St. Paul mayor criticizes today’s school closings, but superintendent defends decision as ‘Safety first’

St. Paul Mayor Chris Coleman, who has school-age kids, took a shot at the St. Paul School District for its decision to close the schools today — the second day in a row — because of the weather aftermath.

City workers are doing their best to clear the streets, and they’re nearly finished, he said, so “the decision to deny our students a second day of school puts an undue burden on parents and families.”

Valeria Silva
MinnPost photo by Craig Lassig
Valeria Silva

Superintendent Valeria Silva, who’s celebrating her first year on the job this week, could have fired a salvo back at the mayor — after all, his folks are in charge of clearing the streets.

Instead, she took the high (and presumably, plowed) road, saying in an interview:

“I very much understand the mayor’s concerns, and the city has done an amazng job of taking 25 inches of snow off the ground and having all oiur major streets plowed. But my perspective is the safety of our students, as they get on and off the bus and in and out of school,” she said.

But parents be ready, she said: “Tomorrow [Wednesday] there will be school.” Minneapolis schools, too, will be open Wednesday after a two-day weather closing.

“This was one of the hardest decisions to make. I want every kid in school every day; missing another day of school is not a good choice for a superintendent. But we need the kids to be safe. I have to be able to look every parent in the eyes and be able to say that when they give us their most precious child, each one will be safe with us and back in their hands at the end of the day.”

She said the below-zero temperatures, coupled with many roads still clogged with snow, would lead to delayed buses in some cases.

“Kids waiting outside in these temperatures is not good; there are 6-foot piles of snow next to 3-foot-tall students. They will be climbing those piles to see if the bus is coming, and that’s a disaster about to happen,” she said.

Also, students who have disabilities often use special buses to get to school, and those buses may need even more room to load and unload on the snowbound streets, she said.

She said school transportation workers — with decades of experience — drove along school bus routes Monday night and recommended the closure for safety reasons.

“I took the information those experts gave me and decided the closing was necessary,” Silva said.

Here’s Mayor Coleman’s full statement:

Chris Coleman
Chris Coleman

“As Mayor and a parent with a child in the Saint Paul Public Schools, I disagree with the District’s decision to close the schools tomorrow {Tuesday}. While we are only three days removed from one of the largest weather events in the City’s history, we have worked side by side with the SPPS to ensure the safe transportation of our students.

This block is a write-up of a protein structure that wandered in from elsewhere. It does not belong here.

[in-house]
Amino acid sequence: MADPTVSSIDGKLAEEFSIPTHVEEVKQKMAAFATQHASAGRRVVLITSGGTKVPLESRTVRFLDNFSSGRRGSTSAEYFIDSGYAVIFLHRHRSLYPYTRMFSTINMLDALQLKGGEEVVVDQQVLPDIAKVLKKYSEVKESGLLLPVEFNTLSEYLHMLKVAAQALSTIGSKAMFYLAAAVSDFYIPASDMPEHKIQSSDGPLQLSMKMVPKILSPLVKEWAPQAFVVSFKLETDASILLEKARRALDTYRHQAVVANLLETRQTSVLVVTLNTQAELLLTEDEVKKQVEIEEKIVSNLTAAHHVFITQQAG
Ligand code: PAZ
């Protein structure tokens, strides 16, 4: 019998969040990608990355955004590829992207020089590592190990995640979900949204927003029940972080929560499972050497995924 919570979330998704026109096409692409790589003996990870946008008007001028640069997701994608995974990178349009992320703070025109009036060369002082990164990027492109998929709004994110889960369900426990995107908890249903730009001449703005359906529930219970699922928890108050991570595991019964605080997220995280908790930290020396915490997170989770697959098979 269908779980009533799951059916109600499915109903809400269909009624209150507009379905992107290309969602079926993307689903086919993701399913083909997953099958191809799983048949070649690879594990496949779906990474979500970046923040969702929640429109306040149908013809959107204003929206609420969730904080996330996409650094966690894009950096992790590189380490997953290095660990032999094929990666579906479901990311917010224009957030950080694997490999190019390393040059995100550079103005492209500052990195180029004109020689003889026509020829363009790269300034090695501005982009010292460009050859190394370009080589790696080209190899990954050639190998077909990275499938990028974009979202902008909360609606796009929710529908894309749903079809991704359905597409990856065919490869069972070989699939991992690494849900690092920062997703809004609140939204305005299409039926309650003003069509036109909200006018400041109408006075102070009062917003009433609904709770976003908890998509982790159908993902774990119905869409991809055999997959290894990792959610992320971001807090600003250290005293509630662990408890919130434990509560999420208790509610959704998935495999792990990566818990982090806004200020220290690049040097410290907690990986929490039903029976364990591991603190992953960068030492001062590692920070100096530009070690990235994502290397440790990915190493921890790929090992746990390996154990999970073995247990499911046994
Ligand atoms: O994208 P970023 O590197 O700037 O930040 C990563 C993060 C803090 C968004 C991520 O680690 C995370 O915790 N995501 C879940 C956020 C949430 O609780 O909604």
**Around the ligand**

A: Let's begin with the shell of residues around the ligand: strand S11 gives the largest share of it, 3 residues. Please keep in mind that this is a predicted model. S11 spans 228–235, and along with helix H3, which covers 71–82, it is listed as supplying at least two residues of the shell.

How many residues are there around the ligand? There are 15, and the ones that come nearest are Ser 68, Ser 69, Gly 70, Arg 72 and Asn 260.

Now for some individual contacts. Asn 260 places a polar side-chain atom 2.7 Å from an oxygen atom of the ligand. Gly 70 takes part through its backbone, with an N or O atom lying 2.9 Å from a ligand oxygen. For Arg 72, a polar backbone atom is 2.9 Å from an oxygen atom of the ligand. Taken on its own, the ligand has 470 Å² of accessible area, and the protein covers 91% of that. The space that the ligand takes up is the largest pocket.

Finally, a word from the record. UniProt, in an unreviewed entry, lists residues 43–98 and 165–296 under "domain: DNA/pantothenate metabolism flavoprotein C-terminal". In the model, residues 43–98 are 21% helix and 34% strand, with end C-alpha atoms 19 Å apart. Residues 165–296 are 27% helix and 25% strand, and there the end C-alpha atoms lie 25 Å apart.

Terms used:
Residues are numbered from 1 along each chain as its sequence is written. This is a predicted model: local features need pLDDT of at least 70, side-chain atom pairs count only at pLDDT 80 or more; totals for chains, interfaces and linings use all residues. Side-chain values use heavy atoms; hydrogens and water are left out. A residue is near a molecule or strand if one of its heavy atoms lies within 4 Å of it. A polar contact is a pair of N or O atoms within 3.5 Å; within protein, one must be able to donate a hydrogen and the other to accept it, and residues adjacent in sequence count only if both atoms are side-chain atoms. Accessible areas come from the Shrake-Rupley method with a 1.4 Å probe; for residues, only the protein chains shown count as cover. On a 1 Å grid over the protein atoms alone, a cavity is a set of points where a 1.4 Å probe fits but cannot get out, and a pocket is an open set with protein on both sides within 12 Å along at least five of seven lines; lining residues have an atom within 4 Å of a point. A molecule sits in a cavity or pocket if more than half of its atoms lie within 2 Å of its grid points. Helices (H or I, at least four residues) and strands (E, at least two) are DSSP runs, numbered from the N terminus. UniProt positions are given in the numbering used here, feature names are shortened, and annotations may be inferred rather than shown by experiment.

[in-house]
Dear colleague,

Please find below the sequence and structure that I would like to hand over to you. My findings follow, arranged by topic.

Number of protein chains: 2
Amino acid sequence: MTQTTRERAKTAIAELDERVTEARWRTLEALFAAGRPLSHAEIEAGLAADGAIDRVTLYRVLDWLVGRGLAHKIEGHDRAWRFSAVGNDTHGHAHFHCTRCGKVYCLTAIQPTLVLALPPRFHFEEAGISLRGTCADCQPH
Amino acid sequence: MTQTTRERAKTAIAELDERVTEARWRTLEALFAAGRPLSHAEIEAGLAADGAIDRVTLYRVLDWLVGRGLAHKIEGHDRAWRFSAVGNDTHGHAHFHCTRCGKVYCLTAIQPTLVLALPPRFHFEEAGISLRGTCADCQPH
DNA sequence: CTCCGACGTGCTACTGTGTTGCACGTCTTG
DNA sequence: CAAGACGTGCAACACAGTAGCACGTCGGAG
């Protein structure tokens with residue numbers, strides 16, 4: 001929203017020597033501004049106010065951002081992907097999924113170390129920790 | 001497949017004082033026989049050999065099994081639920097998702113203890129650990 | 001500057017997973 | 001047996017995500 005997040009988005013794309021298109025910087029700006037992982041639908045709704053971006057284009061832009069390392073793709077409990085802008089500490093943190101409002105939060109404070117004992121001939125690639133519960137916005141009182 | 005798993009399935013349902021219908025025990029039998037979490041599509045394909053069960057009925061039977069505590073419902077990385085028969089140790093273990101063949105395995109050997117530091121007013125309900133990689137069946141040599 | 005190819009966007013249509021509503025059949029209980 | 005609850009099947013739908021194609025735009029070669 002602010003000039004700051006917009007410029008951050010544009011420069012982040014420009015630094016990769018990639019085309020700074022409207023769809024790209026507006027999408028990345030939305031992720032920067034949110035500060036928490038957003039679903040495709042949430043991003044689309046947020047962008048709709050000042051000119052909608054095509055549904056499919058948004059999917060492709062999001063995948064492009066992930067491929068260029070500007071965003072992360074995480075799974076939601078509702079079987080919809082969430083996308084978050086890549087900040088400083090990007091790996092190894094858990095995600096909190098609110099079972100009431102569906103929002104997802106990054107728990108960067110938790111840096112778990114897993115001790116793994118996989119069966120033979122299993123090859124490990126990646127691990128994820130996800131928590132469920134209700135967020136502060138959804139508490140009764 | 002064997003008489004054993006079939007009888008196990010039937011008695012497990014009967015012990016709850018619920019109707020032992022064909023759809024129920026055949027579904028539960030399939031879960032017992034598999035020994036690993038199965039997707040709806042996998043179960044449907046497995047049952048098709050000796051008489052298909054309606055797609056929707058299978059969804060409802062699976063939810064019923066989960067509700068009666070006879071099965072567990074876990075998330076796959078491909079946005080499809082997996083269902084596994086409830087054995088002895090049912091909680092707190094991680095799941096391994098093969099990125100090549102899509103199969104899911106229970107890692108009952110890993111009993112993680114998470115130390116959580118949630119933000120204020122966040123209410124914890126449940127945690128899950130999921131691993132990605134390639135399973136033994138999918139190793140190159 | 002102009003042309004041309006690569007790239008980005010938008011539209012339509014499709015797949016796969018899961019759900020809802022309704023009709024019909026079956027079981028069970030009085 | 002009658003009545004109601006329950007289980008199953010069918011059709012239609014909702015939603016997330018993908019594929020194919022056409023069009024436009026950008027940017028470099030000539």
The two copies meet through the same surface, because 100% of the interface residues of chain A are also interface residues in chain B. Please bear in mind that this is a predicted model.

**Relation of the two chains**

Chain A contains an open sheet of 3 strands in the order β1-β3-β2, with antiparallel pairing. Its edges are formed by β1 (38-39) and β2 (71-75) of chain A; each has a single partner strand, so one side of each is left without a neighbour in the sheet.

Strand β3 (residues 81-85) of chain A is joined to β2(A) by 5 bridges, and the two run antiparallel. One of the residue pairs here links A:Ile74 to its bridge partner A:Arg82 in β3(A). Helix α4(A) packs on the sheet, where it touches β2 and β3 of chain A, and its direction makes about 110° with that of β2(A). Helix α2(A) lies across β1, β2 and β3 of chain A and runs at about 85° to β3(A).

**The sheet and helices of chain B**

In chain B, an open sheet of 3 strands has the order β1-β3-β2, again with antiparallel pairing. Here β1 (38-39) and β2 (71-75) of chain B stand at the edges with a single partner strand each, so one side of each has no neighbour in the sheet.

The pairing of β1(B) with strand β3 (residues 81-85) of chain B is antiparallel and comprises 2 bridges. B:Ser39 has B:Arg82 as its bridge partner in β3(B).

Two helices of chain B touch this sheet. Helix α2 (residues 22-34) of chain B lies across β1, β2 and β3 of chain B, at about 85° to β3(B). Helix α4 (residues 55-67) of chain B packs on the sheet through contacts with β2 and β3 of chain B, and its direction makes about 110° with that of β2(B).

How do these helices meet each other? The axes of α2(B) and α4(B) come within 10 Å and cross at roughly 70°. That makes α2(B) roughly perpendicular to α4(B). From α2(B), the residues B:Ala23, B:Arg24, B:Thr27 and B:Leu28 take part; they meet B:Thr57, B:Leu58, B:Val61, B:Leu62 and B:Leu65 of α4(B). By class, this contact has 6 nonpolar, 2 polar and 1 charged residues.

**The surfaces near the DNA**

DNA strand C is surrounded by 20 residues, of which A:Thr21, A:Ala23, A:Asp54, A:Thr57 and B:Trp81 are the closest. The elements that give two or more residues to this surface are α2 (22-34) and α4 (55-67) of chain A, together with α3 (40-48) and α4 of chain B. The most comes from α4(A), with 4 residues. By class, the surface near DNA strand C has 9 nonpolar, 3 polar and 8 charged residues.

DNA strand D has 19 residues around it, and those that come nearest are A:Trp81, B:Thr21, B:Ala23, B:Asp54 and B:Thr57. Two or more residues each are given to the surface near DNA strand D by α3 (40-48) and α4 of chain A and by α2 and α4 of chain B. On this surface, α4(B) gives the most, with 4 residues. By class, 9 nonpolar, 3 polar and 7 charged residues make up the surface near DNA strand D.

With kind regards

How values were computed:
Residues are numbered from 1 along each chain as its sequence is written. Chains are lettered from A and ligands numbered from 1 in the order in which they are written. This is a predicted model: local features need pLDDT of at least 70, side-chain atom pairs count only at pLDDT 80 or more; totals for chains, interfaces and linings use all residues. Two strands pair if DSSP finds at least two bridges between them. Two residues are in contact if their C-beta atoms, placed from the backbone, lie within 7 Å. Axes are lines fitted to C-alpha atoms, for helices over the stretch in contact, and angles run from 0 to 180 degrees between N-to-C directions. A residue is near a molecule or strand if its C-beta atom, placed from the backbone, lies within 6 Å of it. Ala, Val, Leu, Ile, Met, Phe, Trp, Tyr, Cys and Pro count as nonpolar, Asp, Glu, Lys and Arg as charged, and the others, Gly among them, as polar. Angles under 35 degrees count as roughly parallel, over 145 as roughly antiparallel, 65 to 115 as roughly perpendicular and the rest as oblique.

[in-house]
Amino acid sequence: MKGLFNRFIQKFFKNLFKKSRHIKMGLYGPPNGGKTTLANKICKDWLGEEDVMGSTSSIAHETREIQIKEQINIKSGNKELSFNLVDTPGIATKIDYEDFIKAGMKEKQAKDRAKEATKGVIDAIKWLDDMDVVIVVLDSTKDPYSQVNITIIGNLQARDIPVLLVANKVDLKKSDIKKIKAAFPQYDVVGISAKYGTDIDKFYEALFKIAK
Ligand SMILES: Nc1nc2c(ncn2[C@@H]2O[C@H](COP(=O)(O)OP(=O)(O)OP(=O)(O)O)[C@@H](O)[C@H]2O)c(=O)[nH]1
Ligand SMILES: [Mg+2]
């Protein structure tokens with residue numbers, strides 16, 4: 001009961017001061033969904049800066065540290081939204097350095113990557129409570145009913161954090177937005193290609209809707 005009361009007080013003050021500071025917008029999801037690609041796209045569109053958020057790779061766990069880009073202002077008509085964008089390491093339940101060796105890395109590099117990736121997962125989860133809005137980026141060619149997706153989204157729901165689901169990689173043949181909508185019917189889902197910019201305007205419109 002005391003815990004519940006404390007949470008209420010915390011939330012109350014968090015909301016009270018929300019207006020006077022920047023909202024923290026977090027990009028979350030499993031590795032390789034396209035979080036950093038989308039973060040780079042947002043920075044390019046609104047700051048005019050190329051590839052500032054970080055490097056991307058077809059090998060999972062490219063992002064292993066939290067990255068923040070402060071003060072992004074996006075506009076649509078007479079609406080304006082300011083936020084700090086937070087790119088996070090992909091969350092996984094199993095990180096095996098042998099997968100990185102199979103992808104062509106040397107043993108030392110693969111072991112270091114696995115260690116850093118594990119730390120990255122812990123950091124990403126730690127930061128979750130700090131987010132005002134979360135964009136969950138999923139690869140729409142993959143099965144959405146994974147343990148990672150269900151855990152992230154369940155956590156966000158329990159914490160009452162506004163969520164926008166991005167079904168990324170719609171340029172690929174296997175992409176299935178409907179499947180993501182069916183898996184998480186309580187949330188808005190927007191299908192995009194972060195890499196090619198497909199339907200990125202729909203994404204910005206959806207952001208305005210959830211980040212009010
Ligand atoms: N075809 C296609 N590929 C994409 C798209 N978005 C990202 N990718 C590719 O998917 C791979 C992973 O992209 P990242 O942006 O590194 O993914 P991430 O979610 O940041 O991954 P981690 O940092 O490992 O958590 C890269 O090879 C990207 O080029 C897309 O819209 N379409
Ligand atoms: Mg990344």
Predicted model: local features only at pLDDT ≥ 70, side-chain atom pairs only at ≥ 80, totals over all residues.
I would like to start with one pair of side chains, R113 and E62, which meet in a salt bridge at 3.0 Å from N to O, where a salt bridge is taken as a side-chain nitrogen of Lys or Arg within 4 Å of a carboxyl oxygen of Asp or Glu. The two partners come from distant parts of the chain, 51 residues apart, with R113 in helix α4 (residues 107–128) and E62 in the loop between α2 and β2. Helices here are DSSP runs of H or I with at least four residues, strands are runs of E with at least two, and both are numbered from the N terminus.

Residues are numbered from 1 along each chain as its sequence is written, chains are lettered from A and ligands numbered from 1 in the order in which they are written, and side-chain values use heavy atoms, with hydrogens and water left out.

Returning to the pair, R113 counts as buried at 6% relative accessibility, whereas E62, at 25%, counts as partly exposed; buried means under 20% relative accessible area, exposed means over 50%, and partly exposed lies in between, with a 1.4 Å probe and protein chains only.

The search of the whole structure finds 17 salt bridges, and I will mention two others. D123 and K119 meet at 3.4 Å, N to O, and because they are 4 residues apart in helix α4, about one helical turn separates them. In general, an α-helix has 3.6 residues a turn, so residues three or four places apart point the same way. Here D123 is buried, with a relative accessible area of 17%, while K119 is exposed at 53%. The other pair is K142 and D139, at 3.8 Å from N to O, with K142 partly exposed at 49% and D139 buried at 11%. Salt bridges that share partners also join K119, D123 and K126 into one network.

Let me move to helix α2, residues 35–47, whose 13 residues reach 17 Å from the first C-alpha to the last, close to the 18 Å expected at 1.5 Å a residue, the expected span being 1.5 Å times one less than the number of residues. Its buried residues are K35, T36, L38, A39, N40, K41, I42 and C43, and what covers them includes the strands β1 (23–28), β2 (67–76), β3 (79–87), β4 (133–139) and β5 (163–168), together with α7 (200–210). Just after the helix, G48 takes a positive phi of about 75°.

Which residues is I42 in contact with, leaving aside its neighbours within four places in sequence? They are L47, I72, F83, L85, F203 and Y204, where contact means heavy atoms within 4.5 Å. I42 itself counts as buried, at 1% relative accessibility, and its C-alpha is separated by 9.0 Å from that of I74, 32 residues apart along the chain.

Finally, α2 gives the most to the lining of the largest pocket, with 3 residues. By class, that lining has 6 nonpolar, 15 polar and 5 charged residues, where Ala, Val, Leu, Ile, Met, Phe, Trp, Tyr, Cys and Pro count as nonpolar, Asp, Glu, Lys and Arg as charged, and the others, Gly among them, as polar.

“Over the last three days, we’ve undertaken one of the largest public works operations in the City’s history, more than doubling the amount of time and equipment spent clearing the roads. Having personally toured the city this evening, I am very confident that the few streets that may not have been cleared yet will be done before morning. Given our level of support and the improving condition of the roads, the decision to deny our students a second day of school puts an undue burden on parents and families.”

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Comments (6)

  1. Submitted by Beth Hawkins on 12/14/2010 - 02:16 pm.

    I just talked to someone at Minneapolis Public Schools for an unrelated story. He told me their second snow day was called because of the snow-pile-to-kid ratio, too.

  2. Submitted by Robert Ryan on 12/14/2010 - 06:27 pm.

    Maybe the mayor got his nose out of joint because he perceived the school closing as a criticism of the city’s efforts. I know this morning on the way in to work it was pretty bad on city streets – no criticism implied – it just takes a long time to clean up after a couple of feet of snow get dumped on you.

    I drive on city streets to get to work and I was just glad there were no school buses to contend with today. My usual seven minute drive took 30+ minutes. I’m sure had there been school there would have been kids freezing on corners waiting for very late buses.

  3. Submitted by Scott Barnard on 12/14/2010 - 08:03 pm.

    I spent a lot of time driving around St. Paul during the day Monday, and the residential streets were in awful condition. I live in Minneapolis, so there may be some crosstown bias coloring my opinion, but the residential street I live on in Longfellow was clearer than Dale St., a fairly major St. Paul thoroughfare. Side streets south of Lake Phalan, near Minneahaha and McKnight, and in the Summit area were all nightmares.

    Perhaps Mayor Coleman and the St. Paul City Council should review their snow emergency plan before criticizing the Superintendent. There is no way school buses could have possibly made it through many of the streets I saw Monday afternoon.

  4. Submitted by Steve Rose on 12/14/2010 - 08:05 pm.

    And the snow piles will be shorter tomorrow? As plowing continues, the piles will get higher, but eventually school will resume in time for winter break.

  5. Submitted by Mike Schumann on 12/15/2010 - 12:00 pm.

    Right on Norm!!!! Closing schools has a HUGE economic impact due to parents missing work, not shopping, etc…. because they have kids at home.

  6. Submitted by Paul Brandon on 12/15/2010 - 09:24 pm.

    Mr. Rose–
    Read the whole quote:
    “Kids waiting outside in these temperatures is not good….”
    It’s not just the show piles.
    They cause traffic slowdowns and late buses, which in turn mean that kids have to wait outside longer in extremely cold weather.

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